• In Mason P's view, the plaintiff as a member of the immediate family of the first occupiers of the newly built home was within the scope of such a duty of care.
  • The Court of Appeal noted that the first defendant's Notice of Grounds of Defence squarely admitted the allegation that the premises when constructed contained a defect in that from a vent or other location, large quantities of water would enter the roof of the premises and be deposited on the bathroom floor and elsewhere in times of rain.
  • The Court of Appeal considered carefully the decision of Voli v Inglewood Shire Council and it was noted that when harm enures, the problem for a court is whether the proximate cause of the harm was the negligence of the person who made the fault or the negligence of a person who was to examine, test or treat the fault, or the combined negligence of both.
  • In the matter of Voli, the Plaintiff sustained personal injury when a timber stage collapsed beneath him. Windeyer J held no doubt the fact that the architect's plans were approved by a public authority was relevant in considering whether or not the architect was in fact negligent. But as noted by Windeyer J it was a very different thing from saying that by obtaining approval, the architect was freed of all liability for negligence.
  • In the decision of Brian v Maloney (1995) 182 CLR 609, the court drew attention to the need to distinguish between relationships with respect to claims for physical injury and claims for mere economic loss. The present proceedings involved ordinary physical injury to the plaintiff caused by an act attributable to the first defendant. This is generally a settled area of the law of negligence where, depending on the particular facts a duty of care will be seen to arise.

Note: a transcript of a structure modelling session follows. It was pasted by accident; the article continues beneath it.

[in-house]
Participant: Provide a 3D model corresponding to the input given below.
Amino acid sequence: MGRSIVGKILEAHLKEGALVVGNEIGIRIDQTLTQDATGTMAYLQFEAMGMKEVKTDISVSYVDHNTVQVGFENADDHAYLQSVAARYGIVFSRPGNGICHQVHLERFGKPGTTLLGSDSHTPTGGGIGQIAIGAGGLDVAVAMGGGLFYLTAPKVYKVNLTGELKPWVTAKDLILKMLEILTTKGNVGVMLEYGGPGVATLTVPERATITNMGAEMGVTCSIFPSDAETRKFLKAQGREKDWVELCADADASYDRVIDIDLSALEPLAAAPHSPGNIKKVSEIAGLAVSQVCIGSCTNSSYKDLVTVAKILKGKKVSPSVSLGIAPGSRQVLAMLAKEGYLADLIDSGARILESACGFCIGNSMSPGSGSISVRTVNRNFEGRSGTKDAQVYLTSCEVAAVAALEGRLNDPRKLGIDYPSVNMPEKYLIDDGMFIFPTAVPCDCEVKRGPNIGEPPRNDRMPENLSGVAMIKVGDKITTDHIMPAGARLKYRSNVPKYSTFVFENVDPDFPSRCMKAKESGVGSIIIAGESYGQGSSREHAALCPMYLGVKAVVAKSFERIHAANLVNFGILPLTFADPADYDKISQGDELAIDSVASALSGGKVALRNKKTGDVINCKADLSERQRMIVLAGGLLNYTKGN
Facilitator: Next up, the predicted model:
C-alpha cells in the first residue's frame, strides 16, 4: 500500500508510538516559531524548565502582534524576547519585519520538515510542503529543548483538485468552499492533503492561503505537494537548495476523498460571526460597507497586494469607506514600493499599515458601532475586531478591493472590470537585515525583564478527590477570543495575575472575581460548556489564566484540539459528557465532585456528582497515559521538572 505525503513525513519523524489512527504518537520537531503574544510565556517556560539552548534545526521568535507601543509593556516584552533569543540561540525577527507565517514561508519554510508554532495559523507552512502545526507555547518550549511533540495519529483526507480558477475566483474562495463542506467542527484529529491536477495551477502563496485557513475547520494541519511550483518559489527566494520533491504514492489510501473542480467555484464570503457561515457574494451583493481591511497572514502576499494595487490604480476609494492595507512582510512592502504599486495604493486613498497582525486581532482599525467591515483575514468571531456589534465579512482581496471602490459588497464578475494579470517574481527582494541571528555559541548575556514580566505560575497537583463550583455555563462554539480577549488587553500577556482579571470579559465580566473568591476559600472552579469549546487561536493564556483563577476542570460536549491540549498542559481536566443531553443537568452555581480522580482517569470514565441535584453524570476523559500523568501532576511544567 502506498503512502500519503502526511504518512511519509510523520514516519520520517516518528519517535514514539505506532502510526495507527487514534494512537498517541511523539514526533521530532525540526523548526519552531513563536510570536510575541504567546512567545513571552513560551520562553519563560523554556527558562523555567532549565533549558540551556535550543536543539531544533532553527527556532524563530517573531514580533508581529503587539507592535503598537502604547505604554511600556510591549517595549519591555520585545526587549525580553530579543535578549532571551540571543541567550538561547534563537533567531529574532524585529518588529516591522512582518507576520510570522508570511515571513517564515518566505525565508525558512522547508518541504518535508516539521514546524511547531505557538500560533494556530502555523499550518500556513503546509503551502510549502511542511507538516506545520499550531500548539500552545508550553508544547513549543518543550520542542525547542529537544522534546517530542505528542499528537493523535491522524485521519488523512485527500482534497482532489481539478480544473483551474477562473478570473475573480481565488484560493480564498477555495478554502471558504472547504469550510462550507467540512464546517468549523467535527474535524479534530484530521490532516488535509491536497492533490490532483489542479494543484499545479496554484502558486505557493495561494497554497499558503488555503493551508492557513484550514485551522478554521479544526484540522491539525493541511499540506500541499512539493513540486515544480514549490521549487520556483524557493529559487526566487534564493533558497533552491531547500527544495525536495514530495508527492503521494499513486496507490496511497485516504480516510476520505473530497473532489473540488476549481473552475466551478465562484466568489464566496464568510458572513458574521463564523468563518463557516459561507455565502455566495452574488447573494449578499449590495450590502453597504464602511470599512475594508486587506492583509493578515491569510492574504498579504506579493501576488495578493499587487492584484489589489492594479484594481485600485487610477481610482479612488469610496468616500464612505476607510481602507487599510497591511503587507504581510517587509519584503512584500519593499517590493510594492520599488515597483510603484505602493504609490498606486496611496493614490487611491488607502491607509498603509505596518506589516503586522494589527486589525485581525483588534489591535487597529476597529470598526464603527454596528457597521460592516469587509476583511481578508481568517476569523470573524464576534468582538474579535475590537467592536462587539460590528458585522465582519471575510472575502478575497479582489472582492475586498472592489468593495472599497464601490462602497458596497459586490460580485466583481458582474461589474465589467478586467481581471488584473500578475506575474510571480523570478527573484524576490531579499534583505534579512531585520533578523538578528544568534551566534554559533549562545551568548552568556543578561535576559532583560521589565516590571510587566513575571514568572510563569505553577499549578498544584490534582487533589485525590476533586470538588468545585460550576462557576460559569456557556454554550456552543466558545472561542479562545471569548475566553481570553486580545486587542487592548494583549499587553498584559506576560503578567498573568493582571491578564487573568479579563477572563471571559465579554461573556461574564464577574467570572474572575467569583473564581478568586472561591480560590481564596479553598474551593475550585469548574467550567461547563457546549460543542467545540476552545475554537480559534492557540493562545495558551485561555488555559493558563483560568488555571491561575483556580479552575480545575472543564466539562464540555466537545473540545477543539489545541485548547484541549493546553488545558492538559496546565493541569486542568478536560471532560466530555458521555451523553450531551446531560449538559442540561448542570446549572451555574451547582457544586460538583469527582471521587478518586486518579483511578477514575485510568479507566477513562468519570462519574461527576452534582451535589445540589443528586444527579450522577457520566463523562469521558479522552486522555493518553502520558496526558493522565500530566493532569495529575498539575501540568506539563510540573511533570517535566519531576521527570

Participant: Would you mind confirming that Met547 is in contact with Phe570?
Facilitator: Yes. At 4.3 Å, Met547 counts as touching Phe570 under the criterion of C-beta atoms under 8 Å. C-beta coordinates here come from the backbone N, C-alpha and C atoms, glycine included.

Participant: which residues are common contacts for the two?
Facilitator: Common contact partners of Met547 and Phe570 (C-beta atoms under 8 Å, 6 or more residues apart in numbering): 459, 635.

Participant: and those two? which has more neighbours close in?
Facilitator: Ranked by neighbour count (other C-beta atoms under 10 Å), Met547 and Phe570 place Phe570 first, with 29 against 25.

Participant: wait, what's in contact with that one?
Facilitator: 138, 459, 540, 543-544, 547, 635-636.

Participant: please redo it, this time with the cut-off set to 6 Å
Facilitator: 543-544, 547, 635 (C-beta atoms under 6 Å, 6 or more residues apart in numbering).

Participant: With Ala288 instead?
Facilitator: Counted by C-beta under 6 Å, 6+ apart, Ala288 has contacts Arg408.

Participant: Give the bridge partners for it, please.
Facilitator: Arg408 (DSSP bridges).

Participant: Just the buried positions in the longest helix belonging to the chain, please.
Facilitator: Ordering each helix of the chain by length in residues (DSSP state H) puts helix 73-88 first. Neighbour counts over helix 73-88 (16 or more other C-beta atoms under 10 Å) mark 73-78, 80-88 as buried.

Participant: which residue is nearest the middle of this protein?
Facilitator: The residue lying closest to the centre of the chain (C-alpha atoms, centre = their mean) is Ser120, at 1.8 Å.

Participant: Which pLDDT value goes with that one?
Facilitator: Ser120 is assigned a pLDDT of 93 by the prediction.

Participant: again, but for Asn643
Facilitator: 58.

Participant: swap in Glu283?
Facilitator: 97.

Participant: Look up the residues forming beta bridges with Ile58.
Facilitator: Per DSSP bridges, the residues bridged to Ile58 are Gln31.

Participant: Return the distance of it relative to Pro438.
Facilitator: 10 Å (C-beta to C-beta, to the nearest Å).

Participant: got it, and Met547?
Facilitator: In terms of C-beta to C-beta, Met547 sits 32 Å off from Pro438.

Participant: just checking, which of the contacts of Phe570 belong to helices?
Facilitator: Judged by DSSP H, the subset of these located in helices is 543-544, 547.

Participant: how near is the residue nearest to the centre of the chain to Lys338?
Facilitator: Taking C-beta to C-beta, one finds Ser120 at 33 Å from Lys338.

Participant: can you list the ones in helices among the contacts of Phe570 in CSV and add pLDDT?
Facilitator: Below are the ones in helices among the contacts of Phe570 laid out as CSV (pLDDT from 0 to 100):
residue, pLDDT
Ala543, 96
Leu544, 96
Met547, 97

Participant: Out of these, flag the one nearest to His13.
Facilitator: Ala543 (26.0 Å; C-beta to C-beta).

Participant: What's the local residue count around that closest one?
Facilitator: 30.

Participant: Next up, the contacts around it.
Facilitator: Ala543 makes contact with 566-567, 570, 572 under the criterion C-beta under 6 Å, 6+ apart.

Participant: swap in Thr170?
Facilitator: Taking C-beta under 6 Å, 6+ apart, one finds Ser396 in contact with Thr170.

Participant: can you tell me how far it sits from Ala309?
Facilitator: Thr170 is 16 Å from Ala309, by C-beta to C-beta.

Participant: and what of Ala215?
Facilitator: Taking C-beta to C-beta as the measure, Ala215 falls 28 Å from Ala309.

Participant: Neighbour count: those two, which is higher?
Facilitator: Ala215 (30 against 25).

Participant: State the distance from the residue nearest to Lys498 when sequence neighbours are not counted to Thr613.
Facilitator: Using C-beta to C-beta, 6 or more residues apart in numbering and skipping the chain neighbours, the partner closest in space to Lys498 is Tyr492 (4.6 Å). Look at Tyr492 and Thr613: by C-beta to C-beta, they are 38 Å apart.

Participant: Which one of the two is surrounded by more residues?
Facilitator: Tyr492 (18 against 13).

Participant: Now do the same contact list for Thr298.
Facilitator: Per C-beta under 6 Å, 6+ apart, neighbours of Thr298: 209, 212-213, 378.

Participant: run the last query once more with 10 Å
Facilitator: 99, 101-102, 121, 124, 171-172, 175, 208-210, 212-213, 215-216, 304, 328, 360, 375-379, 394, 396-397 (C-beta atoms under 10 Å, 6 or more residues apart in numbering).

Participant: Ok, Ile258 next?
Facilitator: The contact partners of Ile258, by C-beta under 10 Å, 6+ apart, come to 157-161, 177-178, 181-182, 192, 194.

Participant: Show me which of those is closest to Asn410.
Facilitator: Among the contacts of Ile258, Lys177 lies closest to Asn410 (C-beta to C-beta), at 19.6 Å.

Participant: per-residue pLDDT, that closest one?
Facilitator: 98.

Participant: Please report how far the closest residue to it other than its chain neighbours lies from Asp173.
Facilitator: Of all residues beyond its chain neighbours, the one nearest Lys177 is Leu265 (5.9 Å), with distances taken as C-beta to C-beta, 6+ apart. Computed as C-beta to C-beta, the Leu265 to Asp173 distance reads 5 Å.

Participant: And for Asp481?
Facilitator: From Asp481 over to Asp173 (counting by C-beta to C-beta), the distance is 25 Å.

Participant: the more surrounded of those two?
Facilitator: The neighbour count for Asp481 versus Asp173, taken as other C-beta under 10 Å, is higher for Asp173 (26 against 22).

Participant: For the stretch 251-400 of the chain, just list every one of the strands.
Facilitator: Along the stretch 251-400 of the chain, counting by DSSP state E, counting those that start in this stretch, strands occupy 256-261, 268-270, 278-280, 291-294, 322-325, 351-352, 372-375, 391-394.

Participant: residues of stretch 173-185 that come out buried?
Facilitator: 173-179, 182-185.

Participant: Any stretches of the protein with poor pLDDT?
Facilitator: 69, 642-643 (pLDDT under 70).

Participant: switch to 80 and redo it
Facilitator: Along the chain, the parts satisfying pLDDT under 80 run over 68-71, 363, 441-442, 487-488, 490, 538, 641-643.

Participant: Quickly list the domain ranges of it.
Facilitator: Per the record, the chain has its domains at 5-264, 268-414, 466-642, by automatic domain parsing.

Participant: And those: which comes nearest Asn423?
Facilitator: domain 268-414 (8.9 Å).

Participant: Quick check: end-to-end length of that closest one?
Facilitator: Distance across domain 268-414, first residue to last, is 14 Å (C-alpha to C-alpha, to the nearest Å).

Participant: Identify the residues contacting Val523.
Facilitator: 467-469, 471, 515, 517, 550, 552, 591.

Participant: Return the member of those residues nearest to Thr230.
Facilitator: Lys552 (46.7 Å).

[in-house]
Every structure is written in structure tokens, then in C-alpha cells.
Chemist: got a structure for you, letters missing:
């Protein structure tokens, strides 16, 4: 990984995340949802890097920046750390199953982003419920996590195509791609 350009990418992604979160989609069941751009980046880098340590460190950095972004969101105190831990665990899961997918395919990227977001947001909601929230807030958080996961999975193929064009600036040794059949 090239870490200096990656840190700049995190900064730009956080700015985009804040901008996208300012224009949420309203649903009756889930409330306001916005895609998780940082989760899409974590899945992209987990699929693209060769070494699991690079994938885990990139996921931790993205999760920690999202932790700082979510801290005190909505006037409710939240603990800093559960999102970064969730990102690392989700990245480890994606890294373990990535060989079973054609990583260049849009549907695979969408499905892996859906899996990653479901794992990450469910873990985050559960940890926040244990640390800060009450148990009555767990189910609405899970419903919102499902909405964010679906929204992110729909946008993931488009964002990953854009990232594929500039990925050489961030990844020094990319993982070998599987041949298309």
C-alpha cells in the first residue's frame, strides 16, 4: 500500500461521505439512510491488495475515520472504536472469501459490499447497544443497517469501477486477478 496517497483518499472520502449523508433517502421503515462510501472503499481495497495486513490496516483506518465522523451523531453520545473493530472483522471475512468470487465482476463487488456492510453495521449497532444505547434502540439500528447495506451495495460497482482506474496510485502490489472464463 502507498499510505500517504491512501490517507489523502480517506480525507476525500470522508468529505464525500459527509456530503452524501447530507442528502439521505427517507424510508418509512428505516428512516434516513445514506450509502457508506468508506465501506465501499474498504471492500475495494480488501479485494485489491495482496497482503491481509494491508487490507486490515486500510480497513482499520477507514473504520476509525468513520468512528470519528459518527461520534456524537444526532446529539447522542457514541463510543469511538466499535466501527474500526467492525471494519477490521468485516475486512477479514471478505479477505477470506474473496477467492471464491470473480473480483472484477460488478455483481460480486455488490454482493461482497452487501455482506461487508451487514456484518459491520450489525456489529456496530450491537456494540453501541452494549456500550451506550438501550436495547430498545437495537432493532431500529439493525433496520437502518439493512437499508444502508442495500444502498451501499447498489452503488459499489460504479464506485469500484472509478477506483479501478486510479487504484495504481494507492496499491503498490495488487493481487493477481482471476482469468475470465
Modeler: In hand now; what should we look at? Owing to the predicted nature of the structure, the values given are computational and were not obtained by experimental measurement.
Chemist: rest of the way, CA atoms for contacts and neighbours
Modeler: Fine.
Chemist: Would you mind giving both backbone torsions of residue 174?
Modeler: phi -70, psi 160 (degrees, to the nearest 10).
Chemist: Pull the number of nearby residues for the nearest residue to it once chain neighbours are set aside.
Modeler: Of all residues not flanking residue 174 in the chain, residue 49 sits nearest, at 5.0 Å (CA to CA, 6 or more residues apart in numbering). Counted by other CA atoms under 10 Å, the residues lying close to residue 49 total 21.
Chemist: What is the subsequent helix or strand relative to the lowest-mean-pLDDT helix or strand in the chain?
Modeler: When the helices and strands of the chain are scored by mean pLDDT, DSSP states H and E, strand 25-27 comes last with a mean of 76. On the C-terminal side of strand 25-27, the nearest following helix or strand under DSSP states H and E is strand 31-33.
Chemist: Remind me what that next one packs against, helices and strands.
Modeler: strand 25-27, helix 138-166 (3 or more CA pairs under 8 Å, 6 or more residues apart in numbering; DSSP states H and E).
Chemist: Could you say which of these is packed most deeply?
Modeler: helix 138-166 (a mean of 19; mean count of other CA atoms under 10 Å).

• The Court of Appeal also considered the plaintiff's challenge to the assessment of quantum and in particular to the plaintiff's claim for Sullivan v Gordon damages. At the time of trial, Sullivan v Gordon damages were no longer available as per the high court decision of CSR Limited v Eddy [2005] HCA 64, but by the time the trial judge delivered judgment on 7 July 2006, the Civil Liability Amendment Act 2006 had come into effect. Section 15B of that legislation outflanked the decision in Eddy by restoring Sullivan v Gordon type damages under a new regime with retrospective effect. When the judgment was delivered, no party considered approaching the trial judge on this issue. In the circumstances the Court of Appeal did not consider that a case for a new trial had been made out.


The decision confirms the principles set out in Voli v Inglewood Shire Council (1962) 110 CLR 74, namely, that a person who negligently manufactures goods or builds a structure is liable in negligence if a consumer or user in reasonable contemplation suffers reasonably foreseeable personal injury in consequence and that it is not necessarily a defence if the negligent construction has been checked, tested or approved prior to the event occurring.

The content of this article is intended to provide a general guide to the subject matter. Specialist advice should be sought about your specific circumstances.